The Crest of the Commonwealth of Australia Treasury Portfolio Ministers
Picture of Peter Costello

Peter Costello

Treasurer

11 March 1996 - 3 December 2007

Transcript of 28/06/01

Transcript No. 2001/084

TRANSCRIPT
of
HON PETER COSTELLO
Treasurer

Doorstop
Thursday, 28 June 2001
10.00am

SUBJECTS: US interest rates, exchange rate, Reserve Bank, GST, Knowledge Nation, Reconciliation


TREASURER:

Well, overnight the Federal Reserve in the United States cut interest rates again and interest rates have now been cut by two and three quarter per cent in the United States. That indicates, obviously, that the US economy has been weakening, and we welcome the fact that interest rates have been cut, because we think that will stimulate the US economy, which is important to world growth and important to Australia. As you know, the United States economy in the March quarter was weaker than the Australian economy, but undoubtedly as that flows through to the world, that will have an effect back on us. The principal area where you would expect it to have an effect would be in relation to exports. Fortunately for Australia we have taken a couple of pro-export decisions, particularly taking taxes off our exports in the last 12 months. We took $3.5 billion of taxes off when we moved to the New Tax System, and that has been helping our export volumes grow over the course of the year. But as far as Australia is concerned, we remain committed to pro-growth policies. We have a taxation system which has now delivered big income tax cuts which has found their way into consumer spending. On Monday of next week, I think it is, we cut the company tax, 1 July, thats Monday of next week, we cut the company tax further to 30 per cent. We cut Financial Institutions Duty, and we make Australia a great place for share investment by cutting stamp duties on shares.

JOURNALIST:

Are conditions in Australia conducive to another rate cut at all here?

TREASURER:

We have got pro-growth policies in place at the moment. We have got income tax cuts which have obviously been important for consumer spending in the last quarter. We have got a bonus for first home building, $14,000. We are cutting the company tax rate, we are abolishing Financial Institutions Duty, we are abolishing stamp duties on 1 July and we have also just had a bonus for pensioners. So these are pro-growth policies. I think the settings are good for pro-growth policy at the moment. We had a strong March quarter, but the Government is committed to keeping pro-growth policies in place.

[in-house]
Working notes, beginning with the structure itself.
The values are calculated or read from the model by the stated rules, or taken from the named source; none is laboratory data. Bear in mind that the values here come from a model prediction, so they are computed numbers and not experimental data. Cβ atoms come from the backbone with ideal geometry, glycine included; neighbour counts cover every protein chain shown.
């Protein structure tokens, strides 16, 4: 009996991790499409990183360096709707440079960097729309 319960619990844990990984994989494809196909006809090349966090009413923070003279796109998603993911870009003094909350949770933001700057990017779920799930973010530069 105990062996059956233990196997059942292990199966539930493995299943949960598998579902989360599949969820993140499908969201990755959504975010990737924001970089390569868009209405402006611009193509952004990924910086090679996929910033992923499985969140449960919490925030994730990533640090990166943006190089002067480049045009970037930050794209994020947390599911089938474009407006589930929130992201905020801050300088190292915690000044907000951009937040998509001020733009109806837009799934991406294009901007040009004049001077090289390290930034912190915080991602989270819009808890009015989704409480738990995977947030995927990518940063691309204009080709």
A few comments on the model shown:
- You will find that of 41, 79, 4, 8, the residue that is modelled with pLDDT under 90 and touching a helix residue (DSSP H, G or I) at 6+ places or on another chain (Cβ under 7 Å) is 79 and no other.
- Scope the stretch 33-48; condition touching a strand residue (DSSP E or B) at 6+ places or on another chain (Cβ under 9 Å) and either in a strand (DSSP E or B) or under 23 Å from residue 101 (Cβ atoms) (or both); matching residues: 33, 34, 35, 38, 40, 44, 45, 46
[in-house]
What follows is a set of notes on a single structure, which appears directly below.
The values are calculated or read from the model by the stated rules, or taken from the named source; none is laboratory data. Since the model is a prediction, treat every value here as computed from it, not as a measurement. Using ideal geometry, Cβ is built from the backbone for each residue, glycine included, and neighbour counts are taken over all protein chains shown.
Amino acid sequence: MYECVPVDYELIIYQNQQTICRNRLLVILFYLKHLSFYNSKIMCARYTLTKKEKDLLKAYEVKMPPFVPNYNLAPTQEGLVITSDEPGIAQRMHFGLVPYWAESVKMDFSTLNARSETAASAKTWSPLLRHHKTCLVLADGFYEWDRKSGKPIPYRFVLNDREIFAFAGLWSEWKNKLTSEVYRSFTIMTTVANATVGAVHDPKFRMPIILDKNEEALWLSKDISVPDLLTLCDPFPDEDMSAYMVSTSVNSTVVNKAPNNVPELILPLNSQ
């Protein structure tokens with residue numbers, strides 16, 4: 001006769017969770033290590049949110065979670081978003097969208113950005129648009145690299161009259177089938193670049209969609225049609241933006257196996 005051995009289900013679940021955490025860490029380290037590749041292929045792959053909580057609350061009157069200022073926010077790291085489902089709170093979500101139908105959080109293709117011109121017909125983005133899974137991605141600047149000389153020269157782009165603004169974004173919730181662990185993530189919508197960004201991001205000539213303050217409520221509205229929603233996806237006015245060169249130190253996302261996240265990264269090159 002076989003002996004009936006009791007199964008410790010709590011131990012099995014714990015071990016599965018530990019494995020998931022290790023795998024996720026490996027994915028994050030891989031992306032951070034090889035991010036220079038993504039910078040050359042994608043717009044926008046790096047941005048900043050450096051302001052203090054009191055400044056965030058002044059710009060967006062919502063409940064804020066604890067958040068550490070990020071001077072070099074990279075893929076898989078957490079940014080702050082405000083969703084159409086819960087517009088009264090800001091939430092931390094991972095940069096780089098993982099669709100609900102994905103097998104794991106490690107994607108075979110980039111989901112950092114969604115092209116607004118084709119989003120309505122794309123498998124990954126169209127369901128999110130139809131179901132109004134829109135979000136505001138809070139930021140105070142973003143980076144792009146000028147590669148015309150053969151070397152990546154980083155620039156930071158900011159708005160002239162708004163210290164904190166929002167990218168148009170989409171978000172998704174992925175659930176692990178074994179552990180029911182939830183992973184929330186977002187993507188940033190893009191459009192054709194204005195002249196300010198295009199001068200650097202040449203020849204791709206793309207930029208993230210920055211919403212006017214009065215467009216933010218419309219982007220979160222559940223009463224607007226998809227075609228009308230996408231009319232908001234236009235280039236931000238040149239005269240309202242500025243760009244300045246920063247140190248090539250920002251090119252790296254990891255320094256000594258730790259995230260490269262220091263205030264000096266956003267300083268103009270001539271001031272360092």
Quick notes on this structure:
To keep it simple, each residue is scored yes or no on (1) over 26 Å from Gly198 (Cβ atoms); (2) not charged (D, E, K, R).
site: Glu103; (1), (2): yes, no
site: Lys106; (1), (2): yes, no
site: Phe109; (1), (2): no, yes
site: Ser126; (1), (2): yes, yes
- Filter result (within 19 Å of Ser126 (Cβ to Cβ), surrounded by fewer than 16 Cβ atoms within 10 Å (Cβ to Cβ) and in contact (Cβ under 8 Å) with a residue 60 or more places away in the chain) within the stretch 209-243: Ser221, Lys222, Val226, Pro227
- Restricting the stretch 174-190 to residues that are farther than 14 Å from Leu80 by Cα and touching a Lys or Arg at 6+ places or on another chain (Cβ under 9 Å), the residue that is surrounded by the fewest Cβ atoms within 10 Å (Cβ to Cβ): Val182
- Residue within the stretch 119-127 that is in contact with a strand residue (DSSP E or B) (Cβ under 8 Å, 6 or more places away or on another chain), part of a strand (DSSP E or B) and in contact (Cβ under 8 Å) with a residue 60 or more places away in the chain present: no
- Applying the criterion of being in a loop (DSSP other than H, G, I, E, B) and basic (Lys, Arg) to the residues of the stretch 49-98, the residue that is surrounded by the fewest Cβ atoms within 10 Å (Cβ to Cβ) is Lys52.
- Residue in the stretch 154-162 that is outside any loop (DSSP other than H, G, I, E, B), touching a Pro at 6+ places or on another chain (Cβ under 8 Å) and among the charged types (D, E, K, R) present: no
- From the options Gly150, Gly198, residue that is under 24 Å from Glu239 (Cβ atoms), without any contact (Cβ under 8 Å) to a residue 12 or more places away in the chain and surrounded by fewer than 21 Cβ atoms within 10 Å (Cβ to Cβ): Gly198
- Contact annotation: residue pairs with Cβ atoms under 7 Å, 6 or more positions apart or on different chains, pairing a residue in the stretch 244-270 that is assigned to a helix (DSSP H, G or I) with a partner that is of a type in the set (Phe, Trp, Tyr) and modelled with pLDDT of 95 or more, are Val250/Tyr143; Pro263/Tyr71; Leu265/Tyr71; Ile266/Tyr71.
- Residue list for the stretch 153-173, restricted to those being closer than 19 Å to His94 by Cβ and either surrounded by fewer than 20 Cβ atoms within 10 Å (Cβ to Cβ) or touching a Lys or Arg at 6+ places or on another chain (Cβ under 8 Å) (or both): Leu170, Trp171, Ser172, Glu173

JOURNALIST:

(inaudible) the Reserve Bank to further stimulate growth?

TREASURER:

Well, the Reserve Bank has reduced interest rates over the course of this year, really unwinding the rises it started putting in place from 1999, and that has got mortgage variable interest rates, down now at 6.8 per cent, which are pretty near historical lows - a good time for home buyers - and that has been pro-growth as well. You have got to remember when we came to office, the home mortgage interest rate was 10.5 per cent, today it is 6.8 per cent and thats a saving of about $3000 on your average mortgage, already, with interest rates where they currently are.

JOURNALIST:

Mr Costello, Mr Murray said yesterday that a weak currency reflected bad savings and bad government. Do you agree with that?

TREASURER:

I didnt see what Mr Murray said yesterday, so I wont comment on what he is alleged to have said or not said. But I can say this, that we run a floating exchange rate regime, and like most other floating exchanges, particularly the Euro, the US dollars rise through the course of the last year or so, has meant correspondingly, that the exchange rate against the US dollar is lower. But the Australian exchange rate against the Euro and the Yen has not moved anything like its movement against the US dollar. And of course, Japan is our largest trading partner, I think Europe totally, when you combined all of Europe, would be one of our other major trading partners, and although I dont believe there is any reason why the $A dollar and the Euro should move in sync, the fact that we have a floating exchange rate allows us to adjust to external conditions.

JOURNALIST:

Treasurer, there have been calls for increased transparency in the Reserve Bank policy setting, in particular calls for a statement to be made after each Board meeting. What do you think about that idea?

TREASURER:

Obviously that has been around for years, and we have looked at that. We have concluded that the current arrangements are the best arrangements, by which the Bank makes an announcement when it adjusts rates and it explains its decision. And this is in accordance with procedures which I put in place when I became Treasurer some five and a half years ago. We have an independent bank, it makes a statement, it explains its reasons, and I think the level of transparency in relation to the Reserve Bank of Australia is higher than it has ever been.

JOURNALIST:

Treasurer the Financial Review (inaudible) the Howard Governments economic record from seven out of ten down to six out of ten, do you think the first year of the GST, has been handled well?

TREASURER: